Semaglutide With Lifestyle Interventions Shows Benefits for Adolescents With Obesity


The use of semaglutide for adolescents was included in recent pediatric guidelines, though there are few studies assessing the drug in this patient population.

Once weekly treatment with a 2.4 mg dosage of semaglutide and lifestyle intervention demonstrated greater reductions in body mass index (BMI) than lifestyle intervention alone for adolescents with obesity, according to results of a study published in The New England Journal of Medicine.1

Doctor congratulates an obese boy with first good results | Image Credit: yuriygolub -

yuriygolub -

Semaglutide is a subcutaneous glucagon-like peptide-1 receptor agonist that has been used to treat obesity in adults.1 In the recent recommendations for pediatric obesity from the American Association of Pediatrics, the authors recommended the use of semaglutide for adolescents, though there have been only a few studies assessing the drug in this patient population.2

Investigators of the STEP TEENS study (NCT04102189) enrolled 201 adolescents, aged 12 to 17 years of age, who were obese with a BMI in the 95th percentile or higher, or overweight with a BMI in the 85th percentile or higher, and at least 1 weight-related comorbidity.1

Of the 201 individuals, 180 completed the treatment. All but one individual in the study had obesity.1

Study participants were randomly assigned in a 2:1 ratio, receiving either the once-weekly dose of subcutaneous semaglutide in the 2.4 mg dosage or the placebo, as well as lifestyle interventions for 68 weeks.1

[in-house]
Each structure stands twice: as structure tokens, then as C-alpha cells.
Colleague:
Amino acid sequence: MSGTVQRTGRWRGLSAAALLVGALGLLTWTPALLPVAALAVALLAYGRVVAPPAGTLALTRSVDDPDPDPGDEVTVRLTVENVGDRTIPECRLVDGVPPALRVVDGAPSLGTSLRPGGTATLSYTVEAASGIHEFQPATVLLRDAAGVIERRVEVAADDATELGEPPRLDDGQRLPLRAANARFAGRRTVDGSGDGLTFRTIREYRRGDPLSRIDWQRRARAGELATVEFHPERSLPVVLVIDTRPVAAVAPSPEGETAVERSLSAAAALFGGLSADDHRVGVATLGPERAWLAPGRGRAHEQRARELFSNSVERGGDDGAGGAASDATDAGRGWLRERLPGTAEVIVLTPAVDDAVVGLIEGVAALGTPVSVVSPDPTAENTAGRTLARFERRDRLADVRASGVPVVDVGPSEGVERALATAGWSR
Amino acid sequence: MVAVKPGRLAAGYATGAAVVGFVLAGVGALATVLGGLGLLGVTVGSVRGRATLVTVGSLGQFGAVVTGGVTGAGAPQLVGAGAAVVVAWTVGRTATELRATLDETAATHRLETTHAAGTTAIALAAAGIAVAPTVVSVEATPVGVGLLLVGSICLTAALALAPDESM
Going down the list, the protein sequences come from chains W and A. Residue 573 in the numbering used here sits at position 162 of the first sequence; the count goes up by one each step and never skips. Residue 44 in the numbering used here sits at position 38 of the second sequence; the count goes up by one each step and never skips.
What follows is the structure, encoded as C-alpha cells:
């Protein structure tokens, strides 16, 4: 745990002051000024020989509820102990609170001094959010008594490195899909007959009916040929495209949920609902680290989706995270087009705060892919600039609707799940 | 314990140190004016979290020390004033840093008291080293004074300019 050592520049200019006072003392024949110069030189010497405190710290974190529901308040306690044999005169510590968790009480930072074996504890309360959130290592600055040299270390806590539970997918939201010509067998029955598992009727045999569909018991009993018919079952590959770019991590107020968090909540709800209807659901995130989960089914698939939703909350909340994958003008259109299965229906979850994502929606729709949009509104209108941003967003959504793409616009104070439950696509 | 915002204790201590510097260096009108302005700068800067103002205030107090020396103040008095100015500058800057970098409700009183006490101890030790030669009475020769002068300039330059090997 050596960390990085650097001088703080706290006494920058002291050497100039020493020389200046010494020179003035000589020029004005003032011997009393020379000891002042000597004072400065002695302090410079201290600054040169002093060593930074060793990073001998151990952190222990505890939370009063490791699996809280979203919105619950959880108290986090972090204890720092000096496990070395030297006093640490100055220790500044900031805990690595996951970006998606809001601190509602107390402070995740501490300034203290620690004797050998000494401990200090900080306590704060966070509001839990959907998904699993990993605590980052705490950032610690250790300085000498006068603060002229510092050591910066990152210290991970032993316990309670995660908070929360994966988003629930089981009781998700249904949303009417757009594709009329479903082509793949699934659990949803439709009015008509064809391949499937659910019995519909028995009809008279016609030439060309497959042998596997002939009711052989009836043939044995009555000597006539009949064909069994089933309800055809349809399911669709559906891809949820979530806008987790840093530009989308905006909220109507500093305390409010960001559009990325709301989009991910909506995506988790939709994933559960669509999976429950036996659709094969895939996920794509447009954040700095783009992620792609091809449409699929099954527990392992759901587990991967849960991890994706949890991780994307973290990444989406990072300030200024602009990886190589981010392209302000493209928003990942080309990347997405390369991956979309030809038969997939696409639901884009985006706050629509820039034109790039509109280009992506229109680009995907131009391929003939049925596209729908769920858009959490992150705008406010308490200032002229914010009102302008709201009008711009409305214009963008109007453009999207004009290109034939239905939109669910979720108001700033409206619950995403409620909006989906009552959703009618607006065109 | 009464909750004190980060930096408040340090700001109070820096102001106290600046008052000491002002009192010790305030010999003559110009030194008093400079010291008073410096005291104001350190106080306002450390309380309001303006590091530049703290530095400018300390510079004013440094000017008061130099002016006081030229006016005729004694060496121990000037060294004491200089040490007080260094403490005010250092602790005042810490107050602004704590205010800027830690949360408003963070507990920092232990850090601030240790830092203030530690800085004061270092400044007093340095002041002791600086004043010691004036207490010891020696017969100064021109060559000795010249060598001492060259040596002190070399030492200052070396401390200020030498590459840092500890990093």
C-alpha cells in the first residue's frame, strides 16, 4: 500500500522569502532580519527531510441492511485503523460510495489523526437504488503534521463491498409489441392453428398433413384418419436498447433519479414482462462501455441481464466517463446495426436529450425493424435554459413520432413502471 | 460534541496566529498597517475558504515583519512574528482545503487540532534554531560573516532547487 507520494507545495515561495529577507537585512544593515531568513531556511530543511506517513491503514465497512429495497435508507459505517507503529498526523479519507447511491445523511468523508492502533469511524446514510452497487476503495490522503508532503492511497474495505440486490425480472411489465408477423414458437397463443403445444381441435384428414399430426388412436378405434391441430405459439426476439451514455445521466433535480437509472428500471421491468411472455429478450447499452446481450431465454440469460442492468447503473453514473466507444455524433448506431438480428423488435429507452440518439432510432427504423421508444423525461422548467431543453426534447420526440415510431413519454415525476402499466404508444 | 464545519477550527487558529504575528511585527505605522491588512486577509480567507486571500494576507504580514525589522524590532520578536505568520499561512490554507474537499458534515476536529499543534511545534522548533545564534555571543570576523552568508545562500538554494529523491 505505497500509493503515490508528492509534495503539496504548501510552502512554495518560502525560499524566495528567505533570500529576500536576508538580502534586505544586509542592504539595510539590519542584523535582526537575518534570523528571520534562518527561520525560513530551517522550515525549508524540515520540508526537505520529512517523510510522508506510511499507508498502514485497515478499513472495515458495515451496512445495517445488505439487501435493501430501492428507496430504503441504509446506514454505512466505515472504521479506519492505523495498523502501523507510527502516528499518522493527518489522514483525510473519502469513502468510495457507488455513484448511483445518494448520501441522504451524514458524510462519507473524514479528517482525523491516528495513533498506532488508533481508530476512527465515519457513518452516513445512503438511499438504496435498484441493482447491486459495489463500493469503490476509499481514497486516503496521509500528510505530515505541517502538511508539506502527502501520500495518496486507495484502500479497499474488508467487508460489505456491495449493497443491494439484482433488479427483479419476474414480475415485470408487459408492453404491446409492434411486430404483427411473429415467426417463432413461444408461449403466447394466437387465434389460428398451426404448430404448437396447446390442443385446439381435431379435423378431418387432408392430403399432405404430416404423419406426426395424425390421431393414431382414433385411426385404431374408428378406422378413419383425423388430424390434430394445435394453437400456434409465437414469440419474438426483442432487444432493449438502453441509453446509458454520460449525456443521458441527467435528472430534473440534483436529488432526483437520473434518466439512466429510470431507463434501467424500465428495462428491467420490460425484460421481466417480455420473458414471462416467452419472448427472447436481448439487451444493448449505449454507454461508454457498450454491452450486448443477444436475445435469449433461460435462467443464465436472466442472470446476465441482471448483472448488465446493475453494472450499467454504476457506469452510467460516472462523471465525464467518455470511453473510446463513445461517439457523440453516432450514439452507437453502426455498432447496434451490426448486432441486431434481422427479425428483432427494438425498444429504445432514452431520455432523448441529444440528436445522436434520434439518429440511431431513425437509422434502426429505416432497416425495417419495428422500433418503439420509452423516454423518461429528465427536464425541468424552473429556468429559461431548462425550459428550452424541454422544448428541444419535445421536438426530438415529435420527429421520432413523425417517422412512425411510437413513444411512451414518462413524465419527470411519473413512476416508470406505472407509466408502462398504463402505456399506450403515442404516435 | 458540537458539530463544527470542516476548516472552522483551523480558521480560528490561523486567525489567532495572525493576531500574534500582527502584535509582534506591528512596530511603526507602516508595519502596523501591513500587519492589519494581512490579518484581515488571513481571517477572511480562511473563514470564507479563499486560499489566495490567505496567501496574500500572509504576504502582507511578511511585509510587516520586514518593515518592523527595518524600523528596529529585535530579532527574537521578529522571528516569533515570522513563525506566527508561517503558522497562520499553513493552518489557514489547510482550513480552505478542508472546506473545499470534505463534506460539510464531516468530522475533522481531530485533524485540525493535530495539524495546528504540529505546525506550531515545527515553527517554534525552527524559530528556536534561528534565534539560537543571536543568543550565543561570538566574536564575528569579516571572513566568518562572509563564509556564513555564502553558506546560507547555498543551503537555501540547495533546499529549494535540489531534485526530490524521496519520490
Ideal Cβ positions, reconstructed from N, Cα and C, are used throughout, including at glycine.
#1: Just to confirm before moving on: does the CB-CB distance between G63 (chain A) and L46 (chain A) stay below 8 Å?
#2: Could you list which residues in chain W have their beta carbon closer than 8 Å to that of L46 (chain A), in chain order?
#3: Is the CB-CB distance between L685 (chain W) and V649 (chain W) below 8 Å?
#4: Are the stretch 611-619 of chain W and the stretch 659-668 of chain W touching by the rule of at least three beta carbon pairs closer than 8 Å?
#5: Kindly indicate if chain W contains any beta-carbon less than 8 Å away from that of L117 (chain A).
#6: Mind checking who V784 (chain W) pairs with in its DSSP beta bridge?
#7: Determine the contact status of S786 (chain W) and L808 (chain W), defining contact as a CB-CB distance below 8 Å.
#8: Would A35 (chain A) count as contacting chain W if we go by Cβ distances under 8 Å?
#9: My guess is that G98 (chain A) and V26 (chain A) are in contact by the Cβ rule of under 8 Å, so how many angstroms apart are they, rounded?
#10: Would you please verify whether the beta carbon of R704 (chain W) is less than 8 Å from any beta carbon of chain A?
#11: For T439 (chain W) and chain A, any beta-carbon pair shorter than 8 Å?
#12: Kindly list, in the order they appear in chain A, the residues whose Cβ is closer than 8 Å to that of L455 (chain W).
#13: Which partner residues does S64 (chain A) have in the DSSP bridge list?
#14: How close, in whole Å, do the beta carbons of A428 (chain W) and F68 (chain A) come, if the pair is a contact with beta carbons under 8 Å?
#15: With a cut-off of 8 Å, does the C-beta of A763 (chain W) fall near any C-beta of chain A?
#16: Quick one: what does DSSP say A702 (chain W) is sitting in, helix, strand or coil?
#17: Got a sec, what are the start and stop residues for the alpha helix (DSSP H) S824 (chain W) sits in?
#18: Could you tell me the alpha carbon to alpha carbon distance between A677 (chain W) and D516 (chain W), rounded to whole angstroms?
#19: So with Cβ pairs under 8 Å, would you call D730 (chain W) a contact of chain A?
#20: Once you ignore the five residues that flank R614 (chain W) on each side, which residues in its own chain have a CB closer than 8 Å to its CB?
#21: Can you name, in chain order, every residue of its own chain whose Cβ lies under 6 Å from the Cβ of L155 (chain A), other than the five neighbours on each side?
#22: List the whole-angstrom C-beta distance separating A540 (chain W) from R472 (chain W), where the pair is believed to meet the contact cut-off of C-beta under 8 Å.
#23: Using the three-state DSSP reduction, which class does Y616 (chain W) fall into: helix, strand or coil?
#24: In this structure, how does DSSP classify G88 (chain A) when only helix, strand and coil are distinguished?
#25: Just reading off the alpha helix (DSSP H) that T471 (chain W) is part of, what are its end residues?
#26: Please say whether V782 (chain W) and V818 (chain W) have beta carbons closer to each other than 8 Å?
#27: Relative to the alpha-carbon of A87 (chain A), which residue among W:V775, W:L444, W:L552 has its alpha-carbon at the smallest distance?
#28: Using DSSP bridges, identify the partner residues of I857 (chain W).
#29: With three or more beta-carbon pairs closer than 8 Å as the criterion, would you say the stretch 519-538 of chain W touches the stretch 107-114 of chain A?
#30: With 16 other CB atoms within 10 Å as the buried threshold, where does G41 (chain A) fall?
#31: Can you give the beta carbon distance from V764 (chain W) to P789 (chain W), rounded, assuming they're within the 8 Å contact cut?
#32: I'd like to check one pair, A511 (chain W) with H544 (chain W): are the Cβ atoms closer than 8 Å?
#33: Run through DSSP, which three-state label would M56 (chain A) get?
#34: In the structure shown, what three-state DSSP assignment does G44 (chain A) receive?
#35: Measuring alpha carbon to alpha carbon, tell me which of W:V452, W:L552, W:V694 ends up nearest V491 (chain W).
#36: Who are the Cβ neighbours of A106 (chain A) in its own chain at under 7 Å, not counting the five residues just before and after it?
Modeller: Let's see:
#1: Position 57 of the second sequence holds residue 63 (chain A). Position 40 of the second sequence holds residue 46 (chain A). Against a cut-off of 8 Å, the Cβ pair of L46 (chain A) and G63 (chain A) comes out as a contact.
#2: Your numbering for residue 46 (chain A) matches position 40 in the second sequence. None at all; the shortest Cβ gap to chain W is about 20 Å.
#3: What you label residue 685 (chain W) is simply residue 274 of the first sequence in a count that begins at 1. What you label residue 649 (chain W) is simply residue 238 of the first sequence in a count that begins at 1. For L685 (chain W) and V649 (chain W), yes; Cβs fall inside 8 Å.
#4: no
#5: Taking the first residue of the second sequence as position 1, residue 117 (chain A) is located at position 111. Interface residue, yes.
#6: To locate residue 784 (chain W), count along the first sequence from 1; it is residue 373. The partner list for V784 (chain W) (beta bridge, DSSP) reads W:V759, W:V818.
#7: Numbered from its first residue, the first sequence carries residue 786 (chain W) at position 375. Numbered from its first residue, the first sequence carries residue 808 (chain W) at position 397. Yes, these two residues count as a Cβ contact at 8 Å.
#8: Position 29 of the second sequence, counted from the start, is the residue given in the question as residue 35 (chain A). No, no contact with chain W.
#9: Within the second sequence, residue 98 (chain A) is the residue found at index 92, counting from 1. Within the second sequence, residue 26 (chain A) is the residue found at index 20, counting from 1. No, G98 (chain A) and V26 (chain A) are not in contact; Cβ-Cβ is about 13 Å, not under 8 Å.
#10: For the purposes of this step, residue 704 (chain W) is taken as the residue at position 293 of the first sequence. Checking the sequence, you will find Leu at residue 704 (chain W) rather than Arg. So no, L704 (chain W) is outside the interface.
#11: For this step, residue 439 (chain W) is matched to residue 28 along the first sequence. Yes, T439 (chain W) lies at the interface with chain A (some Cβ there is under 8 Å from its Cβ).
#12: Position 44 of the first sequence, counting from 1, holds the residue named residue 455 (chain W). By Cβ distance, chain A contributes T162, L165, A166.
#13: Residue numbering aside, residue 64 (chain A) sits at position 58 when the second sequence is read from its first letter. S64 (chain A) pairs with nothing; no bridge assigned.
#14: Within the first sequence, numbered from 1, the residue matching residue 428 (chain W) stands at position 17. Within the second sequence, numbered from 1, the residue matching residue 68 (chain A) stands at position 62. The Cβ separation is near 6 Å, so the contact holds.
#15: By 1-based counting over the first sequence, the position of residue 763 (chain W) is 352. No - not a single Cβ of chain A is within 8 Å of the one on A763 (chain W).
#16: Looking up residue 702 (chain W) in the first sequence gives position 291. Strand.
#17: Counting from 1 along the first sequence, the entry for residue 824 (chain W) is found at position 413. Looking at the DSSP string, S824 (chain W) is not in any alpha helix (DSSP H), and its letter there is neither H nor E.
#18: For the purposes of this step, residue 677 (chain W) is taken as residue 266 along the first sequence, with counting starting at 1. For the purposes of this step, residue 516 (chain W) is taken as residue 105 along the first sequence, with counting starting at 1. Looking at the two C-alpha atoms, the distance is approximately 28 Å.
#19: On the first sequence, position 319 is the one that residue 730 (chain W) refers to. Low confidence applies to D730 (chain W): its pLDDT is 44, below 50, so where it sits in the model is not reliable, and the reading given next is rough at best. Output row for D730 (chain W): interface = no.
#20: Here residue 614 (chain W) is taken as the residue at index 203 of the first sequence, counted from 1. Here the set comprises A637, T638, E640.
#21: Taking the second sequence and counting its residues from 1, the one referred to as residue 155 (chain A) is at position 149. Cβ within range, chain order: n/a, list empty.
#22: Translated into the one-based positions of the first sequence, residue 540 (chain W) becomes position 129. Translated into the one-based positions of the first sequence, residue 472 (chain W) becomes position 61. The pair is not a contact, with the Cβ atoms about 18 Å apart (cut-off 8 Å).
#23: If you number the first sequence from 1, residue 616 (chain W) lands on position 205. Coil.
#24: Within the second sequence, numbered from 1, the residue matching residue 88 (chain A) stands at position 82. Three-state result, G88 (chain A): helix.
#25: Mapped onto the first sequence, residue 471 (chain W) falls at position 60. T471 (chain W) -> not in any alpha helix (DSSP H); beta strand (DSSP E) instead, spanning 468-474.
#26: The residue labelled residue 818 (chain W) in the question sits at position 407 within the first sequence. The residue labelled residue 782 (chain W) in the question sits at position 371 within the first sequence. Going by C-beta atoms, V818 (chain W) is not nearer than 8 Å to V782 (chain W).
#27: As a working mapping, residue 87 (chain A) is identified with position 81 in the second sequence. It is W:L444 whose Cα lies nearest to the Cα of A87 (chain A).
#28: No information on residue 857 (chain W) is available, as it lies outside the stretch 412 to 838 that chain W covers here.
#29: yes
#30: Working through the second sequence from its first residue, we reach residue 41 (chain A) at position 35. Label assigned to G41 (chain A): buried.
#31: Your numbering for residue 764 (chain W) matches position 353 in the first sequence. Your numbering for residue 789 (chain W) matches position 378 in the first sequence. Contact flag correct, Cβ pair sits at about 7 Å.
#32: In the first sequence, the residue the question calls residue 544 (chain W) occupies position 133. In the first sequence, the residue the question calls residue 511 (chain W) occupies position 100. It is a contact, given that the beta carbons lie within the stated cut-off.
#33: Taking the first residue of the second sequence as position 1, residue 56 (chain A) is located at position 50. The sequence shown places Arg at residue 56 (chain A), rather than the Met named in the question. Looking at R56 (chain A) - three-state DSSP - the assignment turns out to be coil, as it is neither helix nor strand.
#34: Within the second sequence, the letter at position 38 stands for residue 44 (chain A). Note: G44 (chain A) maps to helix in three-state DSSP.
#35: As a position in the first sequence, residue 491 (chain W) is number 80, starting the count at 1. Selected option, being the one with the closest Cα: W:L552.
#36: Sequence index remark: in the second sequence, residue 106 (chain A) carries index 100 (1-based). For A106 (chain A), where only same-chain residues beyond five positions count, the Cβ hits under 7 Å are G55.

The primary endpoint included the percentage change in BMI from baseline to week 68 and the secondary endpoint included weight loss of at least 5% at week 68.1

Investigators found that the mean change in BMI was a 16.1% reduction for those who were on semaglutide for 68 weeks and plus 0.6% for those who were on the placebo. At 68 weeks, it was also reported that approximately 73% of individuals on semaglutide had weight loss of 5% or more compared with only 18% on the placebo.1

The body weight reductions and improvements of risk factors for cardiovascular disease, including waist circumference, levels of glycated hemoglobin, and lipids, were greater for semaglutide than with the placebo at 62% and 42%, respectively.1

Investigators noted that the incidence of gastrointestinal adverse effects (AEs) was greater in the semaglutide group at 62% compared with the placebo group at 42%. Serious AEs were reported for 11% in the semaglutide group compared to 9% in the placebo group.1

Additionally, investigators reported that 5 individuals taking semaglutide experienced cholelithiasis, or gallstones, but no participants in the placebo group did.1

Investigators also noted that a longer treatment period would have been beneficial to determine the durability of the treatment over time. They also said that a longer follow-up period could have shown any impacts of treatment cessation, saying that between week 68 and 75 a small BMI regain is seen.1

Furthermore, investigators said that the result would have benefited from a larger trial population because the generalizability of the results are limited due to the fact that there were more female than male participants, there were small representations of racial and ethnic backgrounds, and there were few individuals with type 2 diabetes and overweight.1


1. Weghuber D, Barrett T, Barrientos-Pérez M, Gies I, et al. Once-weekly semaglutide in adolescents with obesity. N Engl J Med. 2022;387(24):2245-2257. doi:10.1056/NEJMoa2208601

2. Hampl SE, Hassink SG, Skinner AC, Armstrong SC, et al. Clinical practice guideline for the evaluation and treatment of children and adolescents with obesity. Pediatrics. 2023;151(2):e2022060640. doi:10.1542/peds.2022-060640

Related Videos
Semaglutide Ozempic injection control blood sugar levels | Image Credit: myskin -
Image credit: motortion | - Young depressed woman talking to lady psychologist during session, mental health
Image credit:  JPC-PROD | - Choosing method of contraception : Birth control pills, an injection syringe, condom, IUD-method, on grey
Semaglutide Ozempic injection control blood sugar levels | Image Credit: myskin -
Health care provider examining MRI images of patient with multiple sclerosis -- Image credit: New Africa |
© 2024 MJH Life Sciences

All rights reserved.